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Intel CEO confirms smartphone and tablet push at IDF

An air of uncertainty hung over the Moscone Center on the opening day of IDF 2013. It was the first time that Brian Krzanich would address the crowd of developers, press, and other interested onlookers at the 16th annual event as CEO of Intel, a position he took up in May.

It was assumed that he would lay out the future of the company as being one focused on mobile devices and the Android operating system, two platforms that Intel has had trouble grasping as they've grown in popularity over the last several years. And that's exactly what he did.

His most significant announcements concerned the advent of what he calls the world's first 22nm phone, which also supports LTE data transfer (at speeds of 35-70Mbps, the latter with carrier activation); and the new Quark platform, which is intended for use in wearable tech devices (part of the "Internet of Things") and is one-fifth the size of the Atom processor — using one-tenth of the power.

These advancements anchored Krzanich's speech, which was titled "Mobilizing Intel," and went on to cover the ways he sees that Intel is hoping to stay at the forefront of innovation, and remain as relevant as possible in the so-called "post-PC world" so many claim we are currently entering.

"Devices have continually become more personal and connected," Krzanich said at the beginning of his talk, outlining the ways in which technology of all kinds have become smaller, more useful, and better able to communicate with other devices and people over the course of the last several decades. From servers to desktops to notebooks to tablets to smartphones, he explained the evolution of technology from the traditional system architecture to a more modern system architecture — having all the essential components on one piece of silicon has fuelled innovation like very little else, he said.

"This is about innovation and integration," Krzanich said, "and that's exactly what we do." He said that he perceived Intel's chance for continued leadership in the industry was strong due to the company's "plan to lead in every segment of computing." In addition to the aforementioned phone and Quark platforms, he claimed that Intel will do this through the following accomplishments:

Accelerating the datacentre: Intel will implement best platform solutions "top to bottom," with server rack scale architecture and software-designed infrastructure. He cited the Xeon E5 system, released this week, as a particular achievement.

Pushing PC innovation further: From battery life to form factor to capability, Krzanich said, "the PC is in the process of reinventing itself" as more than a monolithic system to which others must adapt, but a personalised system that will be exactly what users want. He held up a Haswell-Y device that, at four and a half watts, was fanless, and stressed that just a few years ago this achievement would not have been possible.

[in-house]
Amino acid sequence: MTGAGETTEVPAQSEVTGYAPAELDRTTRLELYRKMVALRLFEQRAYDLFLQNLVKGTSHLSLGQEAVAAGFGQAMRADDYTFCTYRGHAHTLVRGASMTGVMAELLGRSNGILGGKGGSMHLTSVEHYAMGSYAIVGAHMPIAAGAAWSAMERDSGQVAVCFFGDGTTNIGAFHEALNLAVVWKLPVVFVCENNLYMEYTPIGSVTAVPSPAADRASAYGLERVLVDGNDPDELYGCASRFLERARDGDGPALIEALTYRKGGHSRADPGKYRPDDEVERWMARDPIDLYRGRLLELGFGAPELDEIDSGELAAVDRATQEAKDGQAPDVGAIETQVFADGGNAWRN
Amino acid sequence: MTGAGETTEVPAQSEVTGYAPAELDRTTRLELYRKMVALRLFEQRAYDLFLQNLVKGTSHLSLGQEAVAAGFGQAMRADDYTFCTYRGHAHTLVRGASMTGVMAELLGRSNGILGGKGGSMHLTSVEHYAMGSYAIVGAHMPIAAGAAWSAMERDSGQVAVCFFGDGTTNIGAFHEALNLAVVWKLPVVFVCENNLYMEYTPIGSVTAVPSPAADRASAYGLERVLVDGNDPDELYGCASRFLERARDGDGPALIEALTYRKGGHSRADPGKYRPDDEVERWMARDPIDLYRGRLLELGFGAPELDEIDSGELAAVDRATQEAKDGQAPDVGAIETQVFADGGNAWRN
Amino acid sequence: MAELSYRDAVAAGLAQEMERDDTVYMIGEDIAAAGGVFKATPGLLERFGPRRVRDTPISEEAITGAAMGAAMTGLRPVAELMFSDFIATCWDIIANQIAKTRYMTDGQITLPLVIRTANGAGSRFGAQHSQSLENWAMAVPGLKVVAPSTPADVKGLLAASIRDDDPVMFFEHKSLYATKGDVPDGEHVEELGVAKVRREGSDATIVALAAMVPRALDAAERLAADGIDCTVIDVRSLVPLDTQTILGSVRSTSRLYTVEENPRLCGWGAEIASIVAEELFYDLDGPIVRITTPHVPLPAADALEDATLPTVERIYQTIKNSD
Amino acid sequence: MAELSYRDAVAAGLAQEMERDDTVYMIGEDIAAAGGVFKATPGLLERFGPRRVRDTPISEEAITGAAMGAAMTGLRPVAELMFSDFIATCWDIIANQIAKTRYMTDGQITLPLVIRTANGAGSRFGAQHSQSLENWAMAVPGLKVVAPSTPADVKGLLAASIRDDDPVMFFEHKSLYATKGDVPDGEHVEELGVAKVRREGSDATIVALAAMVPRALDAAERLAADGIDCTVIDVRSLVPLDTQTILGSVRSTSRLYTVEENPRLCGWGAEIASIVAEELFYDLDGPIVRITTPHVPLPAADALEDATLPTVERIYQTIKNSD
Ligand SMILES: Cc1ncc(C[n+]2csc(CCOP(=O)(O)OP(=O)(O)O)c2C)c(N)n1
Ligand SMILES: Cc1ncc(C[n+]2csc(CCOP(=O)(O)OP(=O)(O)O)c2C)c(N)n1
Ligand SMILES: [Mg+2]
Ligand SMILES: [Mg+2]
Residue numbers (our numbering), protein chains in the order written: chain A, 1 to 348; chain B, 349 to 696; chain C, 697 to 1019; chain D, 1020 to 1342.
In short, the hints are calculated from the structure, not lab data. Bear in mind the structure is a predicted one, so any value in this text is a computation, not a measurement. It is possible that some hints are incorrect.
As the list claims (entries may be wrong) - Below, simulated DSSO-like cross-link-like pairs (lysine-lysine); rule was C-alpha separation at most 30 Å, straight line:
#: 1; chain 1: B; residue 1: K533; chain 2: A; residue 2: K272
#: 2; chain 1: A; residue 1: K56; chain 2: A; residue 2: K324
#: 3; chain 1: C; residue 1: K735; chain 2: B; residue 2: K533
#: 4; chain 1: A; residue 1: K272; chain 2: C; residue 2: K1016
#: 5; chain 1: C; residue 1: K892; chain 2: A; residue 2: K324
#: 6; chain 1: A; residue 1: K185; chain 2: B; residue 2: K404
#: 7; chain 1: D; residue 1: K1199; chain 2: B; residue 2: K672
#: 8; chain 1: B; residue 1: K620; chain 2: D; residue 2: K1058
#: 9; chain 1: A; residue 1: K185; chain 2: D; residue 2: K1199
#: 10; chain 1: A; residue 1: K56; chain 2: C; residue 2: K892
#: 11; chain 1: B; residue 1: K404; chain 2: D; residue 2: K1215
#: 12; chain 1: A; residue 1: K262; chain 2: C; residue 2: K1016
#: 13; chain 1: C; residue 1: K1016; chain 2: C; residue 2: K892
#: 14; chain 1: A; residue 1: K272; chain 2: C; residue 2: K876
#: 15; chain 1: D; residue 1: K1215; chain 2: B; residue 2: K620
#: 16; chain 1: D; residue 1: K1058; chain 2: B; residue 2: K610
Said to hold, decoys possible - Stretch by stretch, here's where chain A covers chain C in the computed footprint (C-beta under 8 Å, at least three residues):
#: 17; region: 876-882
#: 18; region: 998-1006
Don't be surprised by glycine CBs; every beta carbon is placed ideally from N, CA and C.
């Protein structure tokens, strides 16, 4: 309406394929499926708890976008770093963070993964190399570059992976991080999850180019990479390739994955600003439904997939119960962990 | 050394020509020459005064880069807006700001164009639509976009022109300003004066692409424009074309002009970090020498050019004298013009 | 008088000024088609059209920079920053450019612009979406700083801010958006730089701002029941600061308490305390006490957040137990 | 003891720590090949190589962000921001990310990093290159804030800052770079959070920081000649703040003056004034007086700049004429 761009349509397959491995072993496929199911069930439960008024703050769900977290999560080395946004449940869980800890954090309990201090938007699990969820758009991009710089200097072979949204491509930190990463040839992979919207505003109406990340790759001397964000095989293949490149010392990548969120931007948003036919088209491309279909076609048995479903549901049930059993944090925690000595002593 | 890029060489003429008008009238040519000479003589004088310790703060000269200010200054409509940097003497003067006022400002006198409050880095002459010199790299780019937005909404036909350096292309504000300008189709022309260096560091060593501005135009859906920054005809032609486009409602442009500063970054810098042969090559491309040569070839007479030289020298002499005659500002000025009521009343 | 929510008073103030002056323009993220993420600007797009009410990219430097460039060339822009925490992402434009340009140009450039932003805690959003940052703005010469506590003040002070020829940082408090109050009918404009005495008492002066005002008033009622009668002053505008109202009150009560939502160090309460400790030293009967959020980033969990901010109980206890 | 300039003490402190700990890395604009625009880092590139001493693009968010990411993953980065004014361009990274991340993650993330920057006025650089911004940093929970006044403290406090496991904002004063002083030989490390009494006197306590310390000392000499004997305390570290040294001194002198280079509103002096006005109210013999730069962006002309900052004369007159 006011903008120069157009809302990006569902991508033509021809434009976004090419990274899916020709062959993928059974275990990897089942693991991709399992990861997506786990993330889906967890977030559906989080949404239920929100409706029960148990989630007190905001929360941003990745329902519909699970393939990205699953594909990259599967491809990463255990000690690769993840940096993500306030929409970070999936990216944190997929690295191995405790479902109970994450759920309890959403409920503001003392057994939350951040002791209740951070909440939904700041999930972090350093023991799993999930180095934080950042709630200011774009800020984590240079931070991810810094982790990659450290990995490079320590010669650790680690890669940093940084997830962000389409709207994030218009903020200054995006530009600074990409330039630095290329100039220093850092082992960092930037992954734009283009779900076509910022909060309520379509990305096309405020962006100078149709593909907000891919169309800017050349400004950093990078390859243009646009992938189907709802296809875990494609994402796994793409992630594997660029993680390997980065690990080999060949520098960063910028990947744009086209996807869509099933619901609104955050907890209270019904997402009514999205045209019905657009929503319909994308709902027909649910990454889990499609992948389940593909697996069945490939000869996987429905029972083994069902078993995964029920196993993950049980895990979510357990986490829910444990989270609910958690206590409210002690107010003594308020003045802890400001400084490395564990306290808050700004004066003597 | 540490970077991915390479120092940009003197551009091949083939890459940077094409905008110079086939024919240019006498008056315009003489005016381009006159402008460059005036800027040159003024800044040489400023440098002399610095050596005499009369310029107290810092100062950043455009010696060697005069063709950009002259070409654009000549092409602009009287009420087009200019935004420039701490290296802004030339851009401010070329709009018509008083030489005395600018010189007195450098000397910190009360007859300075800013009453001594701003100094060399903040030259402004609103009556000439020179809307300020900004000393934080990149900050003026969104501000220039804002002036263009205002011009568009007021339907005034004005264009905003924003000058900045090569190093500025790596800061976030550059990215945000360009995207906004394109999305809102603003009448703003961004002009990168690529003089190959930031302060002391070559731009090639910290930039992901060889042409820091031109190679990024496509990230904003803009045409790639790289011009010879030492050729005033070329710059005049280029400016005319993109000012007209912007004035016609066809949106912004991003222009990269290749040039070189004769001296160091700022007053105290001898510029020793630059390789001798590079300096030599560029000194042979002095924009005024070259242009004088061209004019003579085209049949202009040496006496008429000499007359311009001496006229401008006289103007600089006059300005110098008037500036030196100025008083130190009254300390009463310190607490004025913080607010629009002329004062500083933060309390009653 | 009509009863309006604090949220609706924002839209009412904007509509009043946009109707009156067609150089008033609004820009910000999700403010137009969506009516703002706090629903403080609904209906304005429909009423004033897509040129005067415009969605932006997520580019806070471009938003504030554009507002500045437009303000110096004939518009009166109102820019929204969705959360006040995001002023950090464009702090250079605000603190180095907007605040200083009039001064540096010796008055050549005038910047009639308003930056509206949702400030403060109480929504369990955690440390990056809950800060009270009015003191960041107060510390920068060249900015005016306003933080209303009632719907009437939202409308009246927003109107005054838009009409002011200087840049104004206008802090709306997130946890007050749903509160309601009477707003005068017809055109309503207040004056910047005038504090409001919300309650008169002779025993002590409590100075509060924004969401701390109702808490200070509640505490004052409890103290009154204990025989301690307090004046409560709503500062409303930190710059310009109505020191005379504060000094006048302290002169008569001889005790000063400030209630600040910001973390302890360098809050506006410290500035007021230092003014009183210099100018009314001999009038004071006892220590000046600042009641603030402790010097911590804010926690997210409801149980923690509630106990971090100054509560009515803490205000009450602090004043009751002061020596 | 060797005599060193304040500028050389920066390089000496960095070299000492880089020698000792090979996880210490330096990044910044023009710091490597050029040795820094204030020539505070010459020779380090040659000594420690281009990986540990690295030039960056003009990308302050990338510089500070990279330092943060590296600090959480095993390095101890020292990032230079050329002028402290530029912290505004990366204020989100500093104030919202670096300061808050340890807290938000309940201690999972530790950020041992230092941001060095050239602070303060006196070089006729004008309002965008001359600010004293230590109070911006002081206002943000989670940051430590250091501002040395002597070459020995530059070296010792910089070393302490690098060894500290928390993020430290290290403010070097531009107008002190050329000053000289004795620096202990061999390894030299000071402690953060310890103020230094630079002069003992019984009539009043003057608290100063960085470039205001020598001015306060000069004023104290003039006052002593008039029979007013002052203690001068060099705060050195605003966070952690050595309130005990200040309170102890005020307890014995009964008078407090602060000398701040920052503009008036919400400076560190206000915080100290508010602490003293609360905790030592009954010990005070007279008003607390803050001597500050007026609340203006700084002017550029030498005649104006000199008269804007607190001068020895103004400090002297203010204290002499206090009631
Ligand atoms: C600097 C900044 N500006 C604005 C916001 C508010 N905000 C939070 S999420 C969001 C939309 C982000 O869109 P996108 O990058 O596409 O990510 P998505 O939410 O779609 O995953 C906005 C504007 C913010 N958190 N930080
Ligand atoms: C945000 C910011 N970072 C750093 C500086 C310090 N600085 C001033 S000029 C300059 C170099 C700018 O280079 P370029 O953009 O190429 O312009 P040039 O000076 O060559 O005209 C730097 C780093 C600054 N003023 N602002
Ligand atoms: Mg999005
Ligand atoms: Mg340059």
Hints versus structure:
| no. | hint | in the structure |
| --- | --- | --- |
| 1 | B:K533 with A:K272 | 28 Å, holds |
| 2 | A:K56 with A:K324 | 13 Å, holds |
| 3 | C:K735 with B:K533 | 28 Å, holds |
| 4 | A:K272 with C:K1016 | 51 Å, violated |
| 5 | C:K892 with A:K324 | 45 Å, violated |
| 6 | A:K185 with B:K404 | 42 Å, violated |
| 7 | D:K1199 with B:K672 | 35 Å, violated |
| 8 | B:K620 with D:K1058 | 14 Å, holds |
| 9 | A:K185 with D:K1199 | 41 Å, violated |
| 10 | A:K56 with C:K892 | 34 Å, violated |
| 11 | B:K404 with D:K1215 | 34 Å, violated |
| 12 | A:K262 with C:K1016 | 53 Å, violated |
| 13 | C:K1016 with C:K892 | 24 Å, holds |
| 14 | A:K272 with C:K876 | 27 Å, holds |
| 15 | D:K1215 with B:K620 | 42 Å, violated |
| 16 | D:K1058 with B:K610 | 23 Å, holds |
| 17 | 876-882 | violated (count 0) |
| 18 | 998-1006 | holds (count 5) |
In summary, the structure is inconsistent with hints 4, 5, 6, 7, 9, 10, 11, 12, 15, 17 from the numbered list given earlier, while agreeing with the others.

Building the next-generation PC: Krzanich pulled out a PC based on the 14nm Broadwell architecture, which will be shipping to customers by the end of this year. "That 14nm product on Broadwell provides another 30 percent power improvement," Krzanich said, and promised additional performance improvements in the future.

Two in one: A new computing frontier: "It's the best of both words," Krzanich said. "A PC when you want a PC, a tablet when you want a tablet." But, he said, it's not just two systems — at which point he stepped before the wall of nearly four dozen convertible systems he insisted are transforming the way people see mobile systems.

Unprecedented choices for the tablet market: Choice is one of the most important philosophies behind Intel's tablet strategy, according to Krzanich. Intel wants tablets to be available with all types of Intel chips, on Android and Windows operating systems, at prices even less than $100 (£64) — something he promised will be available for purchase by the holidays.

Intel President Renée James followed Krzanich's speech, basing her talk on the broader picture of what these kinds of advanced technologies will mean for life in years to come. She spoke about the ways it's becoming easier to manage large cities, and how wearable technology can mean significant inroads in the worlds of health care, from cases as small as better monitoring a heart rate to replacing mobile response units and even potentially curing cancer. One Intel employee, Eric Dishman, even came out to explain how whole-sequence genome sequencing saved his life after he was diagnosed with cancer.

All of this suggests an incredible — and perhaps overwhelming — path for Intel and rest of us in the decades and generations that lie ahead. Krzanich summed up the message of the morning best near the beginning of his presentation, when he reiterated his own energetic view of the myriad of tasks that lie before Intel. "I can't think of a more exciting time in our industry than right now."